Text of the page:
Abstract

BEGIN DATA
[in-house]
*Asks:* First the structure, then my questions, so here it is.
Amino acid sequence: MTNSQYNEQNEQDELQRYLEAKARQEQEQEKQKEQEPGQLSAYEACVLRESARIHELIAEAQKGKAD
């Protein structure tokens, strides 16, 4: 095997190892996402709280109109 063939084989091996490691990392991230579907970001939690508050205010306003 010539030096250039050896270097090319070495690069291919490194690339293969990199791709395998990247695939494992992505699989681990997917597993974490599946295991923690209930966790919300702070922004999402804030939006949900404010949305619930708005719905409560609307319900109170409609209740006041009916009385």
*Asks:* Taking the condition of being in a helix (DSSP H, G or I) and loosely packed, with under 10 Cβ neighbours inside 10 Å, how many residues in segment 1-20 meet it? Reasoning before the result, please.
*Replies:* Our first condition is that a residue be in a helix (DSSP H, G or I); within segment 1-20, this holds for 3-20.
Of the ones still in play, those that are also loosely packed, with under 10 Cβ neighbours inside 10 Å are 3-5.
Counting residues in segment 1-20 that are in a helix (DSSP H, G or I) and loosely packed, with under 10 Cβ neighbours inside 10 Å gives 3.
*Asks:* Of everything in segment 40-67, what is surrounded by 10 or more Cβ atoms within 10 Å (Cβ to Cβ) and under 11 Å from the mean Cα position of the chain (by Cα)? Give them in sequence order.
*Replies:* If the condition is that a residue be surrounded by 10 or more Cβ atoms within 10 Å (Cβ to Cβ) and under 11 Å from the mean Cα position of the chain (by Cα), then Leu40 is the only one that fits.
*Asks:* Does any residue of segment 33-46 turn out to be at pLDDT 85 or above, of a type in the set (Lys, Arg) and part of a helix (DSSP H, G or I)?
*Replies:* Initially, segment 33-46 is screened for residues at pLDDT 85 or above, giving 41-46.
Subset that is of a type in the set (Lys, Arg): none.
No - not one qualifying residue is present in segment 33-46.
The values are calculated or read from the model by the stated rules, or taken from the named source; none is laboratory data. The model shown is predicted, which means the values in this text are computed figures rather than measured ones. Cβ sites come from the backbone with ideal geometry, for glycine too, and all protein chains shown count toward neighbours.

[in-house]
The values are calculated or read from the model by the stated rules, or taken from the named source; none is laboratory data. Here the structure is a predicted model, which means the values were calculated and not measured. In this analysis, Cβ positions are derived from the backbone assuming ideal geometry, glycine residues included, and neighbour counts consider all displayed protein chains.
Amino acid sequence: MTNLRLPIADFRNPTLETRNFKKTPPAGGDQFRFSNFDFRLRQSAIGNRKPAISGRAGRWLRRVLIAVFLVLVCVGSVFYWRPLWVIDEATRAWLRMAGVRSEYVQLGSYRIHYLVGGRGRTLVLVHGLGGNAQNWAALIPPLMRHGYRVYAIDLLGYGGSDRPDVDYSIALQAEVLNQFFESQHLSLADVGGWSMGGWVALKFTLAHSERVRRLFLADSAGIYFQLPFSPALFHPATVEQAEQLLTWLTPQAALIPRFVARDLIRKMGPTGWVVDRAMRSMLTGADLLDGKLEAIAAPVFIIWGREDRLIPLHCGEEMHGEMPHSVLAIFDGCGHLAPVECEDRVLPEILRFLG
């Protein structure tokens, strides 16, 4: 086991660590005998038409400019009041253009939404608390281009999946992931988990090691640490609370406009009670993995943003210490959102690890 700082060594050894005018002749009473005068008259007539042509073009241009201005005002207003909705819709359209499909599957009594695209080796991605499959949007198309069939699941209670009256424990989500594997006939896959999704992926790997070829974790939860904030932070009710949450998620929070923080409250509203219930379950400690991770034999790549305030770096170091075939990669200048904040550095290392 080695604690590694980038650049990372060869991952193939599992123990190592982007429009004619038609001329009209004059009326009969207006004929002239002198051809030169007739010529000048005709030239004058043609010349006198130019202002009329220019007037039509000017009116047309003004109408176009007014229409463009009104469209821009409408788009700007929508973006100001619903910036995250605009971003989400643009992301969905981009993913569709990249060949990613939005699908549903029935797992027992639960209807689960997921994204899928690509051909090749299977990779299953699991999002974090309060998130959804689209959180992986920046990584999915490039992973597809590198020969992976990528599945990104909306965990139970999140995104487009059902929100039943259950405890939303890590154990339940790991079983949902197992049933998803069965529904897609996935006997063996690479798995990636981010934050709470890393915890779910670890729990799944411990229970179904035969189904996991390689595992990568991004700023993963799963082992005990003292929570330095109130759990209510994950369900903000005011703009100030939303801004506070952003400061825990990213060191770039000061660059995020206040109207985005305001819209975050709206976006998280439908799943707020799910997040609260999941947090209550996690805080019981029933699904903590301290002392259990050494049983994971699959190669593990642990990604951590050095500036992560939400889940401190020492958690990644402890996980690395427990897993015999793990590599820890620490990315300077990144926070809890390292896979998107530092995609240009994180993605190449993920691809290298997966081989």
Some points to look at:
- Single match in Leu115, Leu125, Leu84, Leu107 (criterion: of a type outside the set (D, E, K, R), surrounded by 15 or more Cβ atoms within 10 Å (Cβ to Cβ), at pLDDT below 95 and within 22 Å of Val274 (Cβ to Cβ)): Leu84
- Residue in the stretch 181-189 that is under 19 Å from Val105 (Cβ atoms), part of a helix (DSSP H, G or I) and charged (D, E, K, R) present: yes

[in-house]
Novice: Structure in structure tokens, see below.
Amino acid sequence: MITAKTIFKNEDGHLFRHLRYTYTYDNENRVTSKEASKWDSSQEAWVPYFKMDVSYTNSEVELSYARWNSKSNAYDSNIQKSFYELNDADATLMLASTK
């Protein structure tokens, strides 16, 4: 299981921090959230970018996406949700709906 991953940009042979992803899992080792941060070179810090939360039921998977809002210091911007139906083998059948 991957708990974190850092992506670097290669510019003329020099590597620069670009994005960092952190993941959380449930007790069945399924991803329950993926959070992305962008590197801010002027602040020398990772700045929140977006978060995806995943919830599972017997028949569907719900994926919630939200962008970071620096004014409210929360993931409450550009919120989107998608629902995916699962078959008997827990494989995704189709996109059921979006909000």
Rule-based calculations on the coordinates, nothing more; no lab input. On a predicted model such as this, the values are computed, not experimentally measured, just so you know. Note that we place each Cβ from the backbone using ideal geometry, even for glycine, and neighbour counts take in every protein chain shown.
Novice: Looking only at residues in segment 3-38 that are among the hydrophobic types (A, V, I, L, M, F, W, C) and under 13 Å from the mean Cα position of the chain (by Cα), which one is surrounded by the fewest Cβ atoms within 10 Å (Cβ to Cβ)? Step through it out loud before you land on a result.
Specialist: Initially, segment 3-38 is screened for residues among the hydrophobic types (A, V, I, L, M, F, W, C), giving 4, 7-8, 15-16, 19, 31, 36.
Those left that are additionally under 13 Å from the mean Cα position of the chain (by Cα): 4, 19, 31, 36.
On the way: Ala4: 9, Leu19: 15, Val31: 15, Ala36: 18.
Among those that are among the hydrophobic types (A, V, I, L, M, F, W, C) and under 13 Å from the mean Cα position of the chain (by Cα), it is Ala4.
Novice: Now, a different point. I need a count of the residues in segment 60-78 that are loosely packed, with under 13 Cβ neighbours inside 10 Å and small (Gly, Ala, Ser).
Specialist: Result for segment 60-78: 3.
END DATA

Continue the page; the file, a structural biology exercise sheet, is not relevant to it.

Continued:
The formation conditions of placers within the Tapsa–Kaakhem gold zone (Tuva) have been determined, and the relation between primary and placer gold deposits has been studied. Polycyclicity in the valleys of the region resulted in the formation of gold placers of various morphologies with stratified producing reefs in loose sediments differing in composition and age: Oligocene–Lower Pliocene, Eopleistocene–Lower Pleistocene, Middle Pleistocene, and Upper Pleistocene. A complex relation between placers and their primary sources has been established. In general, the macrocomposition of gold in the producing reefs of different ages reflects the composition of gold from the primary sources. From older to younger producing reefs, gold fineness varies more widely, showing a trend toward smaller values. This suggests that undiscovered primary sources belonging to another association exist in the source area. The same is confirmed by a drastic change in the typomorphic features, grain size, and roundedness of gold in the longitudinal section of the Bai-Syut River valley. The peculiarities of gold from placers formed by the rewashing of glacial drift have been established. In the Kopto placer, nuggets are widespread (10 mm), which fully retained the shape inherent to vein gold. Apparently, the nuggets were transported to the placer with glacial drift in quartz gravel, which protected them from rounding. Quartz crumbled completely, and gold became free in situ under frost action. The presence of nuggets in the Kopto placer permits predicting a cluster distribution of gold in the known thin quartz veins.

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